I'm sure most of us know about the lawsuit going on between Motorola and Microsoft, but in case you don't, here's the quick rundown. Motorola is trying to block Microsoft from selling Windows 7 and the Xbox 360 based on a patent claim regarding H.264 video technology. Motorola is demanding way more money than other companies for licensing its patent.
A decision in the case is expected April 17. If Motorola succeeds, the Xbox and Windows 7 could be banned from being sold in Germany, effectively gutting business. This is where Microsoft's move comes in. If Microsoft moves to the Netherlands, it could possibly reduce the vulnerability to legal actions if Motorola wins.
Microsoft ended teamwork with Germany company Arvato for software distribution. This move will cause a loss of about 50 jobs and is retaliatory to Motorola's patent lawsuit. Germany's patent system favors the suing party by allowing bans to be enforced by the winning party and and having court precedent that often finds in the favor of the suing party.
I'm sure that everyone here will agree that those pesky, annoying ads that come on before your favorite cat video starts playing on YouTube are really annoying. But SkipIt, a new service from the video advertising company SpotXchange has your back. If you don't want to watch the ad, you can just pay $0.10 to skip it. That's $0.10 per ad.
Meanwhile, SkipIt claims that web publishers will make more money from people skipping ads than if they had watched the ad in the first place. Additionally, they claim that the rest of the site's ads will be more valuable because people will only be seeing ads they really like. I can't really see any consumer reaching for their credit cards just to skip an ad. I know I wouldn't.
There's a new bill running around in the UK and it is akin the US Patriot Act. This bill, if passed, would give the Government Communication Headquarters, or GCHQ, the ability to access phone calls, text messages, emails, and online activity of any citizen without a warrant. The actual contents of the emails and messages would be off-limits, but this is still a gross violation of privacy.
I know we live in an age where privacy doesn't exactly mean much to anyone anymore, but at least with Facebook, we get to choose what to share with the world. This new bill would share the recipients, time, duration and frequency of conversations, plus a list of websites being visited with the government without the need for a warrant.
A similar bill was tried in 2009, but they made the decision to drop it after the massive public outcry. The public was not to happy about having their privacy violated anymore than it already was. The question is, will it pass? It most likely will have a similar outcry to the 2009 attempt, but Britain might still try to pass it. It's estimated at costing $2 billion, and that was in the 2009 attempt. Hopefully it's cost prohibitive enough so that it doesn't get passed.
We live at a scary time in the world where more and more of our lives are being put online in the form of communications and such. We have to take a stand at every chance to protect our rights and privacy.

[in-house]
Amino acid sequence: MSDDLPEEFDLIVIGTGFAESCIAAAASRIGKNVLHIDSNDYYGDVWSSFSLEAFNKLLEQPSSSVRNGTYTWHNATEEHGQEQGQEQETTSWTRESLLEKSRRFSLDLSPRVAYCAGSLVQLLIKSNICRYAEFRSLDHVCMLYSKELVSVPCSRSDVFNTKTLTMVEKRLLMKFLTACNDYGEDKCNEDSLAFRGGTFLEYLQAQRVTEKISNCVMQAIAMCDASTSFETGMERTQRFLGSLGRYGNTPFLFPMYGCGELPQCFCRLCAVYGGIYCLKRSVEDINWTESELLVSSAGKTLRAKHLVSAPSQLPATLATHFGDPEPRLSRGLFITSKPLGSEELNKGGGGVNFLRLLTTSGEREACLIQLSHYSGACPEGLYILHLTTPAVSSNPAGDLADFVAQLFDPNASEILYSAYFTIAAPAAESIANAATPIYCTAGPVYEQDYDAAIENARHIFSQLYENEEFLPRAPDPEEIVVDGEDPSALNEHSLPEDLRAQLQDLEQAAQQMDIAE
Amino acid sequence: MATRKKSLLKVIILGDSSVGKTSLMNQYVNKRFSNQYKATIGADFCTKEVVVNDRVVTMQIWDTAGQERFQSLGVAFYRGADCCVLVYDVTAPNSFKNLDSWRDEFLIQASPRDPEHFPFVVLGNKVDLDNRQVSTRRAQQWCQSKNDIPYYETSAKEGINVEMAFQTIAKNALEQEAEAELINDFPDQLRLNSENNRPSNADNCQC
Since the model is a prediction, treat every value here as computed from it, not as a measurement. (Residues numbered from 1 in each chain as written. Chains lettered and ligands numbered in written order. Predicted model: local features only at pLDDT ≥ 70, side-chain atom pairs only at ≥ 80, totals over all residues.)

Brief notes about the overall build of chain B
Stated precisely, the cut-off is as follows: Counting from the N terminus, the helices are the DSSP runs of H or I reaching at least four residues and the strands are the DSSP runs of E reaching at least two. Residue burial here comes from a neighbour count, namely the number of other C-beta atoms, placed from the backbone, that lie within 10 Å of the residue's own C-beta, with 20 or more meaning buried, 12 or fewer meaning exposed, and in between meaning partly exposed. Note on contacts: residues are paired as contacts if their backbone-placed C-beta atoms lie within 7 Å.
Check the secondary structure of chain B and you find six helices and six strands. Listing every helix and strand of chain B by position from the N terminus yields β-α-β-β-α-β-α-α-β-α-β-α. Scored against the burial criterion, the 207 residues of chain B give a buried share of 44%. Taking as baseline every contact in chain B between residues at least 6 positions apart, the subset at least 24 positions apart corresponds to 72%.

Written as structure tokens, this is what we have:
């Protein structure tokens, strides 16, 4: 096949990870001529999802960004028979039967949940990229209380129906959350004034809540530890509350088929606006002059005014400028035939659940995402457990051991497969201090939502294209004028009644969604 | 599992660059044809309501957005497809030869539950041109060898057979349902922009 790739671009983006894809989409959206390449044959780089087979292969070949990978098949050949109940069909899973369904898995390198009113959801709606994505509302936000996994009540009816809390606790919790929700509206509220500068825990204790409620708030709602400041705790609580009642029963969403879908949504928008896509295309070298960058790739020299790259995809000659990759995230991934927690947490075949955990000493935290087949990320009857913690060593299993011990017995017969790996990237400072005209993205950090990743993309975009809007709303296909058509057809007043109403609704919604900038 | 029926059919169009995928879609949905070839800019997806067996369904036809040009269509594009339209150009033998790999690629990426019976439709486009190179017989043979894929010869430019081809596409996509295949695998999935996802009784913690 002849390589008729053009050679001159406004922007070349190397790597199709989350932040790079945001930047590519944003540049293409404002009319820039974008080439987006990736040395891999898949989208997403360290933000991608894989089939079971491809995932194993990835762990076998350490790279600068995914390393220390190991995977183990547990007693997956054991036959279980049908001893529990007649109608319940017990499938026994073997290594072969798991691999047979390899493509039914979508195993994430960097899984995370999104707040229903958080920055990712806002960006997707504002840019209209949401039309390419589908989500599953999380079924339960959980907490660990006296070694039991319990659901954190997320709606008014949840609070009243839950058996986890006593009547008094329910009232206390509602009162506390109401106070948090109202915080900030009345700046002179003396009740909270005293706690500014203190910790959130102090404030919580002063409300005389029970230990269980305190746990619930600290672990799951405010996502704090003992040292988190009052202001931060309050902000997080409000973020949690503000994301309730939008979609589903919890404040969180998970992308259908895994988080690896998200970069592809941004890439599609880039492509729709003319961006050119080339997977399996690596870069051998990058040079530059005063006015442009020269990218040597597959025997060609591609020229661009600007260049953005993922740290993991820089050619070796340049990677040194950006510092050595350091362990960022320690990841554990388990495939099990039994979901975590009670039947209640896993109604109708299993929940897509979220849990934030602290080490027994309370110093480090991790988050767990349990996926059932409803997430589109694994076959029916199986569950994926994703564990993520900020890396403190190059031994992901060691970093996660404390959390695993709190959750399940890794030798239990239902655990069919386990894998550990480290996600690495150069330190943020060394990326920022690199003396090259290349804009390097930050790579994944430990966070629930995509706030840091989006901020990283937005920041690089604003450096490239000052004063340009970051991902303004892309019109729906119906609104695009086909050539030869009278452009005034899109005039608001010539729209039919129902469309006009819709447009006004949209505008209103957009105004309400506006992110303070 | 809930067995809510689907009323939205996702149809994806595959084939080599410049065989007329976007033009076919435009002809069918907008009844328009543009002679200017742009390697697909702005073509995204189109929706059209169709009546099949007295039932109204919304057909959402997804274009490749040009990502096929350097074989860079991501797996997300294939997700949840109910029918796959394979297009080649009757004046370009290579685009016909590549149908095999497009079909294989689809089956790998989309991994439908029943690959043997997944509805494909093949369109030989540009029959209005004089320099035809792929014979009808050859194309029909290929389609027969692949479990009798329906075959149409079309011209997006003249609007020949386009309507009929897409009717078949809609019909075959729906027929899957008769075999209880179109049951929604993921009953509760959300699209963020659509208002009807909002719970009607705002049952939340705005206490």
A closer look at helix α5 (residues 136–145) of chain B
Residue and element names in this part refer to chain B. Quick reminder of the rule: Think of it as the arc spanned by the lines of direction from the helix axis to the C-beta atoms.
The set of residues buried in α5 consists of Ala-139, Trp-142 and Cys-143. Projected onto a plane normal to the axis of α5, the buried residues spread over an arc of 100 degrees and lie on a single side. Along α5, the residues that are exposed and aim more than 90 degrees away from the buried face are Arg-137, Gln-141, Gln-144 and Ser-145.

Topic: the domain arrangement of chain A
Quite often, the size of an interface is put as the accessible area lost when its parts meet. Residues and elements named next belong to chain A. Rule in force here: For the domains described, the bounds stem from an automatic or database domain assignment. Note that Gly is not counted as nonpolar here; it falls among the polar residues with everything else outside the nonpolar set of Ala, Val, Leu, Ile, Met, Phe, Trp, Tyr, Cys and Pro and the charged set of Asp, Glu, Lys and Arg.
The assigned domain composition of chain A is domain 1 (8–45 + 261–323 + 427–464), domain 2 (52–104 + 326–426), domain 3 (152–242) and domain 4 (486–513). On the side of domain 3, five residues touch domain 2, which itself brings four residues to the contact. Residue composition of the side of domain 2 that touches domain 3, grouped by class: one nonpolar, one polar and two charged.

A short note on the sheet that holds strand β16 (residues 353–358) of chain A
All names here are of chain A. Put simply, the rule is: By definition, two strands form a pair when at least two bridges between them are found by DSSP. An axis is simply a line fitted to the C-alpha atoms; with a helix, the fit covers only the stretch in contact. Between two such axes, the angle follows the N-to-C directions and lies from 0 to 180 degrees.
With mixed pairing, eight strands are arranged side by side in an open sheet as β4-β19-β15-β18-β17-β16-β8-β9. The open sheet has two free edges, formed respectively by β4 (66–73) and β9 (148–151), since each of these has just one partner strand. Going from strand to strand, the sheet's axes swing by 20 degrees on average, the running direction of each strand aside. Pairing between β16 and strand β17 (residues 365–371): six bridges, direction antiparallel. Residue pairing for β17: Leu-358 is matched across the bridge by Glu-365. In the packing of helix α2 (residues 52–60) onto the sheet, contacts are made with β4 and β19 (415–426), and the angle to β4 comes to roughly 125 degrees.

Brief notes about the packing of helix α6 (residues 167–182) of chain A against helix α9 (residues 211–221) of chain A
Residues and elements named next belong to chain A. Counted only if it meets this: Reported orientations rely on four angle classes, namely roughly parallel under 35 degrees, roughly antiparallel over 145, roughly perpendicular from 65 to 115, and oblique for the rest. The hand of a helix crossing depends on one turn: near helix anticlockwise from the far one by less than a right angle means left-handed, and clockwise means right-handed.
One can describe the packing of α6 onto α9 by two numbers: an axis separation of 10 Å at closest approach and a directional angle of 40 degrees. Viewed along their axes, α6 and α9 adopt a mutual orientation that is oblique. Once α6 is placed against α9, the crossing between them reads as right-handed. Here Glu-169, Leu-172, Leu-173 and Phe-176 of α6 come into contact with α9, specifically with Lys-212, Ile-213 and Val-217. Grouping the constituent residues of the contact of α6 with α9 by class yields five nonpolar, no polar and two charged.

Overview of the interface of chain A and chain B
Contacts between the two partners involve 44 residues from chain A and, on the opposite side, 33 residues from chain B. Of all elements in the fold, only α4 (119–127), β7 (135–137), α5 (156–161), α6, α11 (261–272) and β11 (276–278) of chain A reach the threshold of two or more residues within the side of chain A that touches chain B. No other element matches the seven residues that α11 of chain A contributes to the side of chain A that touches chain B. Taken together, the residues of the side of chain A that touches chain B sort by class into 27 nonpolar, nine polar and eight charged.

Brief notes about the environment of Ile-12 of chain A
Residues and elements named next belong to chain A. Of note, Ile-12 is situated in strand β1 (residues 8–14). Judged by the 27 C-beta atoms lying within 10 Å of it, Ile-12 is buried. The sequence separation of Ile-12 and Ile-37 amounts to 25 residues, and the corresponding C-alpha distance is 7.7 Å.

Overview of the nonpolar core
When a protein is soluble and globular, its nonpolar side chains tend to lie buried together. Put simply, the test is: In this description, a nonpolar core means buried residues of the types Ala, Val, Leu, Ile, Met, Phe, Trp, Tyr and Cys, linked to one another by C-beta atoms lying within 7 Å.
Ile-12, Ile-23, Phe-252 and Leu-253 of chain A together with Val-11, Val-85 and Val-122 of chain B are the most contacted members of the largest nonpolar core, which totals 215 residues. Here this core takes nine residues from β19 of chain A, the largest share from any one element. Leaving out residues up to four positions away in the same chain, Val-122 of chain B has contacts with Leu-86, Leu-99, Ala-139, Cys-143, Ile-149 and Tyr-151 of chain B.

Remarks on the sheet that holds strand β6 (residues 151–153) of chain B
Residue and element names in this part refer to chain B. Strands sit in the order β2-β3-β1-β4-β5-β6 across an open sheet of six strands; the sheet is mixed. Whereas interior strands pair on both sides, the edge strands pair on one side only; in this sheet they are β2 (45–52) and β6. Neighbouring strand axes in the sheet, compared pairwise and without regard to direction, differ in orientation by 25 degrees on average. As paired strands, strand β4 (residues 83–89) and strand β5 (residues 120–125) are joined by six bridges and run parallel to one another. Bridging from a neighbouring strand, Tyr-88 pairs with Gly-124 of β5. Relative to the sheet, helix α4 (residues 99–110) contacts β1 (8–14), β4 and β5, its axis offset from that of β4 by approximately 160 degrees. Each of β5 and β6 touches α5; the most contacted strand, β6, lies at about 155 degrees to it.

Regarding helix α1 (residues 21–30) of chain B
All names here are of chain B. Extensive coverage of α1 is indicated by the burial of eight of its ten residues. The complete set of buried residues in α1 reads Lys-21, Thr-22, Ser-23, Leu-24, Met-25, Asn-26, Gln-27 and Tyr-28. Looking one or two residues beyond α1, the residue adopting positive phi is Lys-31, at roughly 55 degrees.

It looks like life is starting to get fair for the inventors of the technology that everyone uses daily around the world. Yes, I'm talking about the inventors of the Wireless LAN. The Commonwealth Scientific and Industrial Research Organisation (CSIRO) patented the technology in the 1990s, and has used that patent to sue companies without a license since 2005.
Back in 2009, CSIRO recovered AUD$205 million (US$212 million) after suing and settling with 14 companies. They have continued to sue and settle with an additional 23 companies in which they have just received another AUD$220 million as payment. "It was important that Australia protect its intellectual property, and that those major companies who are selling billions of devices pay for the technology that they were using," Australian Minister for Science and Research Chris Evans said.
"CSIRO's commercial and legal teams on both sides of the Pacific have worked very hard over the past several years to gain a reasonable return and I would like to pay particular tribute to them for their extraordinary efforts," Nigel Poole, a senior executive at CSIRO, said. But, some credit also goes to the inventors. They had to solve the problem of the radio waves bouncing off of indoor surfaces and creating echos. They did just that and beat many of the major communications companies that were trying to do the same.
Apple has, until now, only given developers 60-percent of the revenue from iAd clicks. But, just now, Apple have increased this from 60- to 70-percent. This isn't a big change in the short-term, but in the long-term it means fatter profits for developers who rely on the iAd platform for their income.
Apple notes the change in their updated developer agreement:
(a) Apple Campaigns. Developer shall receive seventy percent (70%) of the Net Advertising Revenue derived from the sale of advertising on the Developer's Mobile Properties ("Developer Revenue Share") net of any applicable taxes as provided in Section 6 of this Agreement. The Developer Revenue Share percentage may be adjusted from time to time at Apple's sole discretion. Notice of material changes to the Revenue Share percentage will be posted on the Company Portal. "Net Advertising Revenue" is defined as gross advertising revenue recognized through the delivery of ads by Apple less: a) any allowances actually made or taken for returns, credits, cash discounts and promotional allowances; and, b) Agency and agent fees, discounts, commissions and referral fees.